Whether you’re a couch potato or a hiking fanatic, you can benefit from spending some time outdoors. Throughout my years at college, I was constantly stuck inside classes and study rooms. I often felt depressed, overwhelmed, and stuck.
However, on sunny days when my friends and I would walk down to the nearby river, I would instantly feel a little lighter and a little happier. Once I started walking outside as often as possible and surrounding my desk with succulents and cacti, I naturally began to feel happier and calmer on a whole. Moreover, I felt more able to handle the everyday stress of college.
It turns out that there are some scientific explanations for why being outdoors can boost your health and happiness. Even 15 minutes of being surrounded by nature can make a difference to your emotional and physical well-being.
Feeling down? Is the laziness getting to you? Here are some options to help you:
1. Being outdoors often involves exercise
- [Image description: A gif of a woman jogging.] Via giphy
I think most of us understand, at least to some degree, that we should probably be exercising. But we may not know all the benefits that come with exercising outdoors. Exercise can lower your risk of heart problems, diabetes, and even some types of cancer. It is a great way to gain some muscle and can actually help strengthen your bones at the same time. In fact, exercise can even help improve your mental health, and some studies have shown it to lower depression. So head outside and take a walk, or climb a tree, or practice a sport! Have fun with exercise, and know that your body will thank you.
2. Spending some time in the sun can increase your intake of vitamin D
- [Image description: A gif of a man saying “Hey, you know, you should get out, enjoy the sun.”] Via giphy
Vitamin D can reduce your risk of diabetes, can improve bone health, and can increase your immune system. Many people are probably vitamin D deficient, so it’s important to spend some time in the sun — a great way to absorb vitamin D and reap these health benefits. Of course, remember to wear sunblock and moderate your time in the sun to prevent sunburn and skin cancer.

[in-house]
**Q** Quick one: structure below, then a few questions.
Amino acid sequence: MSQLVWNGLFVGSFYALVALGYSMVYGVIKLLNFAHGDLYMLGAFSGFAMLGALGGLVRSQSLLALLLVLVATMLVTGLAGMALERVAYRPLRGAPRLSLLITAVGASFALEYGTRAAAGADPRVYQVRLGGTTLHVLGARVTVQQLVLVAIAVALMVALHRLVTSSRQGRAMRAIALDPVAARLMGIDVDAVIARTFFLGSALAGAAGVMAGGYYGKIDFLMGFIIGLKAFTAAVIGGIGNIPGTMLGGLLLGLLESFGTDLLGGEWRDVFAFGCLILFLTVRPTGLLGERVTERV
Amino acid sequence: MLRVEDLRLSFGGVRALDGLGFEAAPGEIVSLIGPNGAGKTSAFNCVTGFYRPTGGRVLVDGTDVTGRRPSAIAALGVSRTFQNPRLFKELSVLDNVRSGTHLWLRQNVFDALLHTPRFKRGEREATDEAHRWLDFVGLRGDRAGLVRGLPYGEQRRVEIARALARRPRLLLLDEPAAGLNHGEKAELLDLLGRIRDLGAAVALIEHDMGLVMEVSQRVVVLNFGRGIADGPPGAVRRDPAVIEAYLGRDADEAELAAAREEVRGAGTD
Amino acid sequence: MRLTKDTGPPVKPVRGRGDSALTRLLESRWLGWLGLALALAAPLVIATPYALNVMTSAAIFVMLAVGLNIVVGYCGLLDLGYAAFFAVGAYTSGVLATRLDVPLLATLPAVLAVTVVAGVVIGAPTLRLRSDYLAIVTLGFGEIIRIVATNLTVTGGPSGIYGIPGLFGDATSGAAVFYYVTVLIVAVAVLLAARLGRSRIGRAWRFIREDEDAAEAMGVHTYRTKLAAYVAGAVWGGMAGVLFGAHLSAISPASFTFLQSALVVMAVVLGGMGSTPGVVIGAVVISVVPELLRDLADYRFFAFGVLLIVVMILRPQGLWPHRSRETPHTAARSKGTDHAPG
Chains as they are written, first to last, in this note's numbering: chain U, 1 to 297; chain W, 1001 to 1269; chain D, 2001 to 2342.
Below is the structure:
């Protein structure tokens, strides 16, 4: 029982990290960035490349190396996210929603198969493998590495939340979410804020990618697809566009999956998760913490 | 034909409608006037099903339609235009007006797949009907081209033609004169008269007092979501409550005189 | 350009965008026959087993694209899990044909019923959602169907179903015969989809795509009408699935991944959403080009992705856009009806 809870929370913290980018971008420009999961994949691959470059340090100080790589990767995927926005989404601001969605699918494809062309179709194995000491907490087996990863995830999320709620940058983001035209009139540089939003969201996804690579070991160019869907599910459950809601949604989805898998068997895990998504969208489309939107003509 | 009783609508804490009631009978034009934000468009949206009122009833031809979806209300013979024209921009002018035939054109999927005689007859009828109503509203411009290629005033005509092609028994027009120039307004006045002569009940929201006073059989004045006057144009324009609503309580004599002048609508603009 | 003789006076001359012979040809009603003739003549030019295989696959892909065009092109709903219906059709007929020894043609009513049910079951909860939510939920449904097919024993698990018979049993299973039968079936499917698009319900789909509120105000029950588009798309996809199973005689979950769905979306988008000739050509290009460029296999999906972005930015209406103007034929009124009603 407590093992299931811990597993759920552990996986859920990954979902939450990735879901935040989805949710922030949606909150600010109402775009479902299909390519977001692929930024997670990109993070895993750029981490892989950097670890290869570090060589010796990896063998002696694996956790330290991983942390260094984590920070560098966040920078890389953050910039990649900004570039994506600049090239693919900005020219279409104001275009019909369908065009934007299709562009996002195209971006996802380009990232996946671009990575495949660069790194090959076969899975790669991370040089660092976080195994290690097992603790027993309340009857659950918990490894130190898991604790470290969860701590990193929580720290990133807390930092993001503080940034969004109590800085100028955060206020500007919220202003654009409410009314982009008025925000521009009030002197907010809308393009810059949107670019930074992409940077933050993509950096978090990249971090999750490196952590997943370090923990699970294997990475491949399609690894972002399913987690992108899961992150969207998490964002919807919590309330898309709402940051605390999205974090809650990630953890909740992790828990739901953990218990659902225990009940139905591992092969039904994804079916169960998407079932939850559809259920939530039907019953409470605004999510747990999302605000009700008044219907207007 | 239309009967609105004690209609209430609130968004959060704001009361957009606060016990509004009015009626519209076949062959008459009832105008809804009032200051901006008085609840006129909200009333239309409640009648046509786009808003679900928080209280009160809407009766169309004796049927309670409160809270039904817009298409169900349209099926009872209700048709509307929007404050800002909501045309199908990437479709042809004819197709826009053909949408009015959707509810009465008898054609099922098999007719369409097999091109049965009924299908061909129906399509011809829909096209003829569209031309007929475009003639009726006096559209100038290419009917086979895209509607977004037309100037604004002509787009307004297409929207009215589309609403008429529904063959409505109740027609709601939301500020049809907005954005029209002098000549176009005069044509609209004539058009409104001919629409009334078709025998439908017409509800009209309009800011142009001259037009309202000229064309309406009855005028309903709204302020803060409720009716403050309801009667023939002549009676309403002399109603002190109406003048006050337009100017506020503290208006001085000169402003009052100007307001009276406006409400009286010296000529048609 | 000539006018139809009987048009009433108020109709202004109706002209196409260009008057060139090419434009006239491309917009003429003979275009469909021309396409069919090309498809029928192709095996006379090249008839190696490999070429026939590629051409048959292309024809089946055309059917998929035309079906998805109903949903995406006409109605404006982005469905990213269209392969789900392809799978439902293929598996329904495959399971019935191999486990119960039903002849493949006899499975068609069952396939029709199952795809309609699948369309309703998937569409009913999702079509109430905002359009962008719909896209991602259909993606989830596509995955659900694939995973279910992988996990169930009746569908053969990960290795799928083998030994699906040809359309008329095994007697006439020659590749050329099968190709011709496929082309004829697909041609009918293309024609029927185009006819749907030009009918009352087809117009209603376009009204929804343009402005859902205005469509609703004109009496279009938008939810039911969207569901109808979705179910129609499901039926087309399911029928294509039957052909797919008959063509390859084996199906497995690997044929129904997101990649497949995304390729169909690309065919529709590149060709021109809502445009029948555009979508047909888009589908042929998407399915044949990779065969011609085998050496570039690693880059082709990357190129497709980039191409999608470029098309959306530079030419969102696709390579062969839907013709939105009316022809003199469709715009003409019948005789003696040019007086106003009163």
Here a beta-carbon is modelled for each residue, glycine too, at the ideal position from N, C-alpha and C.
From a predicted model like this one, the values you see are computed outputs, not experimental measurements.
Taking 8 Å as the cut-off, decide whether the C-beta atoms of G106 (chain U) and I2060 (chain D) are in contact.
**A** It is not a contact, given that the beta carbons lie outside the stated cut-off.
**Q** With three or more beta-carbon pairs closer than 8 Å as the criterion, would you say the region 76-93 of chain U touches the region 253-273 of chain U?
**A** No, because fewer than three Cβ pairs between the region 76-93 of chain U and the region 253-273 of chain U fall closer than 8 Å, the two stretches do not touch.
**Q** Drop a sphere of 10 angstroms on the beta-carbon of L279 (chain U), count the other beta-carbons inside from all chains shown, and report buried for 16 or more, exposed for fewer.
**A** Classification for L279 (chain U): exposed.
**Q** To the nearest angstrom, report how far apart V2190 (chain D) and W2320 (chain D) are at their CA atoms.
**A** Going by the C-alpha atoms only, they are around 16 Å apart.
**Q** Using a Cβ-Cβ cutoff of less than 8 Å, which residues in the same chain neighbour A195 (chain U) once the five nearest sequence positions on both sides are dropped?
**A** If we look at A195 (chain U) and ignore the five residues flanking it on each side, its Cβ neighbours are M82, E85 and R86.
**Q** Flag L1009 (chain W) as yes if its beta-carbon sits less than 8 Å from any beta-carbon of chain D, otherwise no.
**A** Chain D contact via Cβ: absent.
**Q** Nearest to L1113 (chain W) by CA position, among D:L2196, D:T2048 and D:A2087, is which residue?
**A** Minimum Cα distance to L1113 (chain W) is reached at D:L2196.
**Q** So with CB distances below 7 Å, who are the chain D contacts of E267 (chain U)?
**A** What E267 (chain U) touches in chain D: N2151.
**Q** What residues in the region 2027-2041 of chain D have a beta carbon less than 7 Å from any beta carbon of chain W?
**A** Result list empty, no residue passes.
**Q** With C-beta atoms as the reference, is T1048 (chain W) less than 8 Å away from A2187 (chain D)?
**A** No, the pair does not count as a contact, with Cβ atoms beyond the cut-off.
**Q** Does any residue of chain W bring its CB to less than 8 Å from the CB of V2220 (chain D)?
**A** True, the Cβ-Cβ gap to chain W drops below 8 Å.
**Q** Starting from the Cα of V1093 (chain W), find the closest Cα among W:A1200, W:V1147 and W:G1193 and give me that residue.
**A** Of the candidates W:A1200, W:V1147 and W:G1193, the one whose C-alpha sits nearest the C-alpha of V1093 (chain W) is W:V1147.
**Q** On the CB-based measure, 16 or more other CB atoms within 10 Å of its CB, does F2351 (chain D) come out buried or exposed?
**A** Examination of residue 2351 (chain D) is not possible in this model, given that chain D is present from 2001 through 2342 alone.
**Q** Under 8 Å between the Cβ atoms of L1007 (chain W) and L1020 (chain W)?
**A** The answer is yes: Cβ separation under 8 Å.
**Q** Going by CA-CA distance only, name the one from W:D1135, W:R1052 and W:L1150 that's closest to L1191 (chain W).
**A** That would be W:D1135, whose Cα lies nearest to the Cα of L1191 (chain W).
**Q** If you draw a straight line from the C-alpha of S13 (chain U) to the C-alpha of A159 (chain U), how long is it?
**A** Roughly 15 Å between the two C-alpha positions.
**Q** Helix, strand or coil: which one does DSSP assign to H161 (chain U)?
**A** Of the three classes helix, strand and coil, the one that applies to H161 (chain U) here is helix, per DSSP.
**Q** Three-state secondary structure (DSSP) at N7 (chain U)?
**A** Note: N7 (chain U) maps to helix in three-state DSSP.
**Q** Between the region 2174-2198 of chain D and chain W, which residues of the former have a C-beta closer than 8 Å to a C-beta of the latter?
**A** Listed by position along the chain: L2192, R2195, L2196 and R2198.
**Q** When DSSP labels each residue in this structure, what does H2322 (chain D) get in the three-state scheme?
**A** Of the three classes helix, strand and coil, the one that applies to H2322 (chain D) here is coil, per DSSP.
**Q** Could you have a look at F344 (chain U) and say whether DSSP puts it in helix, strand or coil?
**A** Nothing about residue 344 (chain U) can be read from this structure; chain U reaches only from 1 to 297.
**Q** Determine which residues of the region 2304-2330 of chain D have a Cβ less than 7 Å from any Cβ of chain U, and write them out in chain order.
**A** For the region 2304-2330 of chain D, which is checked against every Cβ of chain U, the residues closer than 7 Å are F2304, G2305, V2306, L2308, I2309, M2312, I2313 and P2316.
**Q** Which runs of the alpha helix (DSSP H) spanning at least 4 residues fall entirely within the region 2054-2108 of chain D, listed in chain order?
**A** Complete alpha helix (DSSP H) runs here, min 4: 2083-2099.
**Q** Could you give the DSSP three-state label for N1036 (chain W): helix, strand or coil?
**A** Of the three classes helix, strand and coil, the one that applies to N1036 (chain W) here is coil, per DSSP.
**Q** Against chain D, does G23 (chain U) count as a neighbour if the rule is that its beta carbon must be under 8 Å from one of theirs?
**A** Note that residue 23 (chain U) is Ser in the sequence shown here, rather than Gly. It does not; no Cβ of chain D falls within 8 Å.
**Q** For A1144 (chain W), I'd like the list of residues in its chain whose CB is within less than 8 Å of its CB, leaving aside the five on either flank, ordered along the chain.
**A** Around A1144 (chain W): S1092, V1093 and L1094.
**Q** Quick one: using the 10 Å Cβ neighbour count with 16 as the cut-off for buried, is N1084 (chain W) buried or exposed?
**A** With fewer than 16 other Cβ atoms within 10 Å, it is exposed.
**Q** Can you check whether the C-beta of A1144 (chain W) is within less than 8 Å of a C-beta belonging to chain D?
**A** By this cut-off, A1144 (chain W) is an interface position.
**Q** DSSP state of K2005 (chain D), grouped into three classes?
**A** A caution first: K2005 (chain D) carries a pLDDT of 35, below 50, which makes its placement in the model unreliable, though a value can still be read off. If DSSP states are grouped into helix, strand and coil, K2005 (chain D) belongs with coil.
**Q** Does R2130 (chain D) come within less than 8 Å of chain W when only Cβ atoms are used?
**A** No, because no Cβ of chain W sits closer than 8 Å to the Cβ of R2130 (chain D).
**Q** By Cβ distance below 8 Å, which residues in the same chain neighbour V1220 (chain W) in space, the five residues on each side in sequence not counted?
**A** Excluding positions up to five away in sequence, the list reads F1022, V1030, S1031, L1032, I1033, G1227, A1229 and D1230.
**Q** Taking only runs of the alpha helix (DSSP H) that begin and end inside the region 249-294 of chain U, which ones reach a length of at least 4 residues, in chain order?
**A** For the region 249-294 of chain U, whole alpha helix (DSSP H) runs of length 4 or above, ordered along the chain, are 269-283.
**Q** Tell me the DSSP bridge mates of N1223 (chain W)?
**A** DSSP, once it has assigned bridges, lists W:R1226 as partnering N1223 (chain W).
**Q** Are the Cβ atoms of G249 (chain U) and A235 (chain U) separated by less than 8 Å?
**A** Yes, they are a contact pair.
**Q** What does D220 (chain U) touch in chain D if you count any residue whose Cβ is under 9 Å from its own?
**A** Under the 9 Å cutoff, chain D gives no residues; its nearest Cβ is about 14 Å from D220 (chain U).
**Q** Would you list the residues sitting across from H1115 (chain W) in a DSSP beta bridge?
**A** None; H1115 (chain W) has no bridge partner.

3. Interacting with nature can reduce stress, depression, and other negative emotions
- [Image description: A gif of a girl walking through nature.] Via giphy
Though there isn’t a ton of conclusive evidence yet, studies are showing that ecotherapy can reduce stress levels, as well as help ease negative emotions like anger and depression. Furthermore, even chemicals in soil might increase feelings of happiness, so dig in and see if working in a garden might become your new go-to mood booster.
4. Being outside can help you focus on something aside from yourself
- [Image description: A gif of a forest with sunlight in the background.] Via giphy
I know from personal experience that when mental illness or negative emotions take over it can be hard for me to look outside of myself and my personal problems. It’s easy to get stuck in a negative loop which can be amplified by social media or toxic relationships. Getting outside can be a great way to force yourself out of that cycle and to look at something other than yourself. Put away your phone and erase the distractions it carries with it. Focus on the plants around you, even spending time with animals can be a great mood changer.
5. The more time you spend outdoors, the more you’ll appreciate nature
- [Image description: A gif of a man saying “Life is about appreciating nature.”] Via giphy
It’s no secret that humans don’t have the best track record when it comes to taking care of the earth. Spending time surrounded by nature is a good reminder of why it’s important to try and reduce your carbon footprint and produce less waste. Try to appreciate nature for what it is and be sure to really feel the sun on your skin. Find an animal to play with, since we know it’s impossible not to smile at a cute animal. Whatever you do, get outside and take advantage of the many benefits the outdoors can provide.